Gen. Augusto Pinochet
April 2011: "Even as he announced a last-ditch legal appeal last month, he went out of his way to fault President Obama for not apologizing for the role of the United States in the 1973 coup that ousted a Chilean president, Salvador Allende, and installed Gen. Augusto Pinochet."http://www.nytimes.com/2011/04/18/nyregion/victor-toro-tortured-in-chile-fights-deportation.html
May 2009: "When Chile's aging dictator, Gen. Augusto Pinochet, traveled to London for medical treatment in 1998, Garzón issued a warrant for his arrest. British officials complied and held him under house arrest. But they later allowed Pinochet to return to Chile, citing his ill health as a reason for not extraditing him to Spain."http://www.washingtonpost.com/wp-dyn/content/article/2009/05/23/AR2009052301795.html
October 2007: The Fujimori ruling dovetails with a brand of legal theory that gained force in the 1990s with a British ruling that put Gen. Augusto Pinochet of Chile under house arrest there pending extradition to Spain. He was visiting Britain, rather than in exile there, having stepped down as dictator with an understanding that he wouldn’t be prosecuted in his own country.http://www.nytimes.com/2007/10/07/weekinreview/07romero.html
December 2006: SANTIAGO, CHILE — The death Sunday of one of South America's most notorious dictators, Gen. Augusto Pinochet, frustrated the efforts of those who had hoped to see him condemned for the human rights abuses committed during his 17-year rule.http://www.csmonitor.com/2006/1212/p06s01-woam.html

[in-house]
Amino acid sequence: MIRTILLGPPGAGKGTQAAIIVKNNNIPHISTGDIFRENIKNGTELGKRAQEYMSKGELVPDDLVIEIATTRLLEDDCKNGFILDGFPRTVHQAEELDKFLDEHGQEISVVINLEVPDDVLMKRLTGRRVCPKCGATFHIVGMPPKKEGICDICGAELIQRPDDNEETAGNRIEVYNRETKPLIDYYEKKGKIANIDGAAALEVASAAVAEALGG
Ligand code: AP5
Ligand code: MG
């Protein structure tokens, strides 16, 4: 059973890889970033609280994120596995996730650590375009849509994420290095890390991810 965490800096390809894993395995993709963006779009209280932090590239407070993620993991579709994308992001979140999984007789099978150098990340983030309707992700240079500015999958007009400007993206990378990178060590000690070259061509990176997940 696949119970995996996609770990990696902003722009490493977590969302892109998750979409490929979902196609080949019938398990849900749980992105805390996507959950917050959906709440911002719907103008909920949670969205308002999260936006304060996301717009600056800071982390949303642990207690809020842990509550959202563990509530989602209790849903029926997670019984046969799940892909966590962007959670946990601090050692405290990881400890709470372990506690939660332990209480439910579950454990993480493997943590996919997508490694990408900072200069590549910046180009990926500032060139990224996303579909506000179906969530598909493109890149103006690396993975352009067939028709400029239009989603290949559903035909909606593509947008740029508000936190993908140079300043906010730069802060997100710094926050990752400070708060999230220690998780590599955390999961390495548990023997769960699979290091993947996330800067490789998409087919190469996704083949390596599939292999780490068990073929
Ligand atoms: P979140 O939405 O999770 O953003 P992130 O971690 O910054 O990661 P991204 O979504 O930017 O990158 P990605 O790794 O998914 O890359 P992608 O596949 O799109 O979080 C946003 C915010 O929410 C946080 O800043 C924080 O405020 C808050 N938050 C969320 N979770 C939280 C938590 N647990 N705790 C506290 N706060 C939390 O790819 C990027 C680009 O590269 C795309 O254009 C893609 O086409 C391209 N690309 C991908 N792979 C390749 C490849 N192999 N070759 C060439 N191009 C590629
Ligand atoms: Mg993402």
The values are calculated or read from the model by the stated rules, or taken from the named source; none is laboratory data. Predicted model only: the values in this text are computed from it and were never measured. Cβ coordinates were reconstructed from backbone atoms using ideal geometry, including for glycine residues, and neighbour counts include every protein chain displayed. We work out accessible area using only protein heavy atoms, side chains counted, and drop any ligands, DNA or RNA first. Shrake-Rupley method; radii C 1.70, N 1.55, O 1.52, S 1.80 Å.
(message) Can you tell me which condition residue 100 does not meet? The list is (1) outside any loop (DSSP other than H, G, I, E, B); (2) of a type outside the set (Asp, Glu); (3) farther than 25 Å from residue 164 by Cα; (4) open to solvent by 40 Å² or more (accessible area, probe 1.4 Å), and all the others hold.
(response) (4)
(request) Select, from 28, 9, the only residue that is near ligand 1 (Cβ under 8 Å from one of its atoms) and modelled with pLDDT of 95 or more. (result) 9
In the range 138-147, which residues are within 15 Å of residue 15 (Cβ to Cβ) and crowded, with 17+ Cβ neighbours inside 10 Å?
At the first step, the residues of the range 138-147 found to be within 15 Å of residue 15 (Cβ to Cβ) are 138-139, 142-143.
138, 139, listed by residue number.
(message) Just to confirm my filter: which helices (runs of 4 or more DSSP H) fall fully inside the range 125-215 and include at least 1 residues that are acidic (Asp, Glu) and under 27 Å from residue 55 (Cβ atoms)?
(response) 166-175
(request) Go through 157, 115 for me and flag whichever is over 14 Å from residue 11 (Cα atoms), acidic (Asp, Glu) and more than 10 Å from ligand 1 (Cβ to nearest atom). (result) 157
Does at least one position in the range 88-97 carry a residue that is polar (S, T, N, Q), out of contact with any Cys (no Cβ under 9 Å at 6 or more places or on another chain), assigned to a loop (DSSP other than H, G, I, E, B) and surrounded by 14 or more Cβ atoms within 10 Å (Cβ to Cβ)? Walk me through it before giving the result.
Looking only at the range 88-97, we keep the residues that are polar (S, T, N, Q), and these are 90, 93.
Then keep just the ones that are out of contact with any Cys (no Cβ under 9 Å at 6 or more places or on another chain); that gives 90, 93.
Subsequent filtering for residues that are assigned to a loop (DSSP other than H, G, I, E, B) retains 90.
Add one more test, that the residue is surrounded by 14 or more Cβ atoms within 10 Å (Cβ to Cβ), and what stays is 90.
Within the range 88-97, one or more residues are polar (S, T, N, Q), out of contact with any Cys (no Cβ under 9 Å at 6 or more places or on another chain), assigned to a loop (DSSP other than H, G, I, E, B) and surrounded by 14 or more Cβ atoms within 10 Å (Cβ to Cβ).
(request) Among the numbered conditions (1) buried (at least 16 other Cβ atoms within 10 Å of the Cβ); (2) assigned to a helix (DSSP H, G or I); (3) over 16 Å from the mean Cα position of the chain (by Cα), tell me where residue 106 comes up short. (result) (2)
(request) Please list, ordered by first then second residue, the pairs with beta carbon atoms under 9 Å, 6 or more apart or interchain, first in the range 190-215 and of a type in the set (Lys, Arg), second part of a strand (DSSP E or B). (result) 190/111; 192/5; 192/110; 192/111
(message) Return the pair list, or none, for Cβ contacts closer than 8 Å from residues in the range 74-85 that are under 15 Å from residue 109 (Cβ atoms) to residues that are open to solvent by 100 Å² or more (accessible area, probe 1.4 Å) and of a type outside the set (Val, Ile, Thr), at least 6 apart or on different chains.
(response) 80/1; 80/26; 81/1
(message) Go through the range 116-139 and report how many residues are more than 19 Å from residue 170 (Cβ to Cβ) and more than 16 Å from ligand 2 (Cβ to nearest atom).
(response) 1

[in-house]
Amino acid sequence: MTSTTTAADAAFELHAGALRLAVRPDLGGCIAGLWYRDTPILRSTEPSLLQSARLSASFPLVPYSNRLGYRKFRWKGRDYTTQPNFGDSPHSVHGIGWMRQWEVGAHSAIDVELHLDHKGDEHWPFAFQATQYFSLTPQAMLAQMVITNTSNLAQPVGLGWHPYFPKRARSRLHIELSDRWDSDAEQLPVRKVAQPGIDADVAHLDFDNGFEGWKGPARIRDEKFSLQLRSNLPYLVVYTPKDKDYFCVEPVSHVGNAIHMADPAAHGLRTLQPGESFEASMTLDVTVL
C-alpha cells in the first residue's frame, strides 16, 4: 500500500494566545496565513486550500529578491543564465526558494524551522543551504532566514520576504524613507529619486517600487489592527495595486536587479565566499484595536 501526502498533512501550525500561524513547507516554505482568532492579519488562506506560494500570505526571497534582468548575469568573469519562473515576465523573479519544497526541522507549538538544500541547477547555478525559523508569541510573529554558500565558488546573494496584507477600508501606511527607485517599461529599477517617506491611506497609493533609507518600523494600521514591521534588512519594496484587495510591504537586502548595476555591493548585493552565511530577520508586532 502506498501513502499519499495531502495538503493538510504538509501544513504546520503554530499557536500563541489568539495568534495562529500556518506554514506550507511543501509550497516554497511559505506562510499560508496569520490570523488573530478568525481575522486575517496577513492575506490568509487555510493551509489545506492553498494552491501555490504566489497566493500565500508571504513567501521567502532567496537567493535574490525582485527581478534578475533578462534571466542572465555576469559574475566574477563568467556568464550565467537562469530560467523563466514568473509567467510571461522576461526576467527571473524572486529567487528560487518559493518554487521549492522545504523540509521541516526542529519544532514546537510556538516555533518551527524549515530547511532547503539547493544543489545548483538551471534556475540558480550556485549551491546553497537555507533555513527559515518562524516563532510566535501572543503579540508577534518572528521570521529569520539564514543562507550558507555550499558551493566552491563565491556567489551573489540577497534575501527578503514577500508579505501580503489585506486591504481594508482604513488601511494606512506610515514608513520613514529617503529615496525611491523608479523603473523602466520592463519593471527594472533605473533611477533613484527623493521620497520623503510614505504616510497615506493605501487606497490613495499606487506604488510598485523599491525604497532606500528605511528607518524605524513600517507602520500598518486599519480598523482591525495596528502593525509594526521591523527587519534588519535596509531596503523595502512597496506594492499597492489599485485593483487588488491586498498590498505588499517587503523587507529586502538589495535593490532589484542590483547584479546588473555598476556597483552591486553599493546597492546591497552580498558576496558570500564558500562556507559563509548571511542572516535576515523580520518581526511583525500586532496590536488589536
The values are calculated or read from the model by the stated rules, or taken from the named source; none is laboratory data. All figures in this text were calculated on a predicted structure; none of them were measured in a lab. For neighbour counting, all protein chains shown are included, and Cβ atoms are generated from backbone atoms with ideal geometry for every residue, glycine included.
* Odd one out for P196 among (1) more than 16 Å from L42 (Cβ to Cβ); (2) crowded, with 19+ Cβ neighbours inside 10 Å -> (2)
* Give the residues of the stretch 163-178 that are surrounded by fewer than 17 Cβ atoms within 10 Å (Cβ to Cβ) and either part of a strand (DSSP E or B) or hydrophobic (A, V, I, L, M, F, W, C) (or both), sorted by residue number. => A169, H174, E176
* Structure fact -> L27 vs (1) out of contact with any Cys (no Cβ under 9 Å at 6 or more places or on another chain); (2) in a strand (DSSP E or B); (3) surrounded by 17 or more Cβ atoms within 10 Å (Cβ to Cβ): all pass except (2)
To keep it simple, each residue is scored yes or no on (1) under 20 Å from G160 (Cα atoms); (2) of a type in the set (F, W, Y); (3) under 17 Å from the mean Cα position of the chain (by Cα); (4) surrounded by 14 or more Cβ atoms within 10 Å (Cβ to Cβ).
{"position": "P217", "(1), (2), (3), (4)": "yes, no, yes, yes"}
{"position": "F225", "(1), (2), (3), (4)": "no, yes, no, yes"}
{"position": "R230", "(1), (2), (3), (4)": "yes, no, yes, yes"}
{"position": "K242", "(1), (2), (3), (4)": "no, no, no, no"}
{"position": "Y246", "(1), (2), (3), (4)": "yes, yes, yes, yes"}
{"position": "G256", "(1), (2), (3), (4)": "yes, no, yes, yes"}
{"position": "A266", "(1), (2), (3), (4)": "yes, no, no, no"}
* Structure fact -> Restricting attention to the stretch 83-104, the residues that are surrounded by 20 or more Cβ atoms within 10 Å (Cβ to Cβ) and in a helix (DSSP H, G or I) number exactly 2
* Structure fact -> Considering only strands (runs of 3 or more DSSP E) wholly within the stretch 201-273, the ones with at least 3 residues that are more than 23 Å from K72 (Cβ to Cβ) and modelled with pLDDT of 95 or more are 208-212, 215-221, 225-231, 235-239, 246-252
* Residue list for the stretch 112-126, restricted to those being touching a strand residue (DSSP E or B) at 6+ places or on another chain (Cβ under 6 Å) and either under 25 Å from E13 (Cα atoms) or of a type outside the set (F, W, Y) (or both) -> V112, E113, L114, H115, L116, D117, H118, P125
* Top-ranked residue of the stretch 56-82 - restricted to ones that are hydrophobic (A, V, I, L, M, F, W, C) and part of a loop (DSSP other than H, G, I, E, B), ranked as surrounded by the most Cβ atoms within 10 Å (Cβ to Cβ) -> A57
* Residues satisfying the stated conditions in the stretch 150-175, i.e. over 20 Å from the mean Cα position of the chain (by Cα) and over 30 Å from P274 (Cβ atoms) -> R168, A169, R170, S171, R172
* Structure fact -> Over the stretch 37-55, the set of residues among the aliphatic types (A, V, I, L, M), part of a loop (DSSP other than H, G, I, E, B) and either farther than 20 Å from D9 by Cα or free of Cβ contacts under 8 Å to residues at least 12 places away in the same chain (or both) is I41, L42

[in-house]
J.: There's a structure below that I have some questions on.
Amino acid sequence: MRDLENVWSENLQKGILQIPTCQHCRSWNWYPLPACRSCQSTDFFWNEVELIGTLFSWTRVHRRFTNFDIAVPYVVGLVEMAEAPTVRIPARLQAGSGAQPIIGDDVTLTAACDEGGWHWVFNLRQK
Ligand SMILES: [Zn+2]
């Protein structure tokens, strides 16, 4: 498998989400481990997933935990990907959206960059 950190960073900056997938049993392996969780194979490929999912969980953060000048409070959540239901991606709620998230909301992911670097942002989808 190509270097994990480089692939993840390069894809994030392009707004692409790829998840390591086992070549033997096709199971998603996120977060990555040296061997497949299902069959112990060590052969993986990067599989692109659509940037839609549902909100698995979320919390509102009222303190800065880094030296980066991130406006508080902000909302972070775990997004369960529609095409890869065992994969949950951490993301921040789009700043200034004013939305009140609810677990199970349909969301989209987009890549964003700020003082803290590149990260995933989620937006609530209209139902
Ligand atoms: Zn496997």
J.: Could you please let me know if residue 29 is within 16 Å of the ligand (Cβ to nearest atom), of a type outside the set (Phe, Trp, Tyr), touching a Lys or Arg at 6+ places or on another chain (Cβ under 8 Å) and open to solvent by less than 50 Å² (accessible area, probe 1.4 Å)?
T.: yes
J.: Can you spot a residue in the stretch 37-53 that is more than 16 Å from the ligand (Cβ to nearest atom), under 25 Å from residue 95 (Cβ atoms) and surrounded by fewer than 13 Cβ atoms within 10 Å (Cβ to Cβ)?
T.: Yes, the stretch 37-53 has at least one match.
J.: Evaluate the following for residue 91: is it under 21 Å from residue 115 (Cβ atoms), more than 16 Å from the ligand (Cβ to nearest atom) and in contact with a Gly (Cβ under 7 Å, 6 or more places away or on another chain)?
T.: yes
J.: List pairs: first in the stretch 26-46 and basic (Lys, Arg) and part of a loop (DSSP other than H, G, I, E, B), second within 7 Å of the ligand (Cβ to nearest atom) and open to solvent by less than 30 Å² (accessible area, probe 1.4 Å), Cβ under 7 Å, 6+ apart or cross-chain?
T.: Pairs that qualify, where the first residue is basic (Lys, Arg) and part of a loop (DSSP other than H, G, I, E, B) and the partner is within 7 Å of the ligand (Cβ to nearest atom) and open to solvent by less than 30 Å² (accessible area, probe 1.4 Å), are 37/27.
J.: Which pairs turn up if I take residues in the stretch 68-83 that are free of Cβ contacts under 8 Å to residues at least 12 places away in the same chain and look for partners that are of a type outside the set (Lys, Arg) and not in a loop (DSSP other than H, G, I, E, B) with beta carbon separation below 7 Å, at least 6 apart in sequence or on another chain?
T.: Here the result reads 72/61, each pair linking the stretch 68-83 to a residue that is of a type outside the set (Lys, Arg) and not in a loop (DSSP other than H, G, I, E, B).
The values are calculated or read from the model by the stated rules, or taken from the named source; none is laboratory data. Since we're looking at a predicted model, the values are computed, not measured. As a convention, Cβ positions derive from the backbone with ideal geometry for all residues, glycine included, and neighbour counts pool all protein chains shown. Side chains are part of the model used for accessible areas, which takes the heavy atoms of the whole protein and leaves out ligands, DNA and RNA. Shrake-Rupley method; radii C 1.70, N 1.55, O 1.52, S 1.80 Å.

October 2005: Thanks to the free-market policies of the dictator Augusto Pinochet, southern Chile would end up being one of the first new territories to bear the brunt of the displaced international fleets. As part of what the Pinochet junta called the Apertura, or 'Opening,' foreign trawlers were granted cheap access to the fertile waters of the Chilean continental shelf. Within a few years they began wiping out stocks of hake and other codlike fish, pushing local Chilean fisherman, known as los artesanales, off their traditional fishing grounds. With nowhere else to go but farther out to sea, los artesanales moved onto the abyssal waters of the continental slope. Bobbing around in small, brightly colored boats, they let their lines down farther and farther, all the way down into the Humboldt current, a frigid shunt of water that moves along the base of the Chilean continental slope at depths exceeding 5,000 feet. It was then that they began to haul out a strange fish they had never seen before.http://www.nytimes.com/2005/10/23/magazine/23bass.html
November 2005: BUENOS AIRES, Nov. 23 -- Chile's former dictator, Gen. Augusto Pinochet, was arrested Wednesday in Santiago and charged with tax evasion, passport forgery and other crimes associated with his possession of hundreds of illegal bank accounts, many of them in the United States.http://www.washingtonpost.com/wp-dyn/content/article/2005/11/23/AR2005112301586.html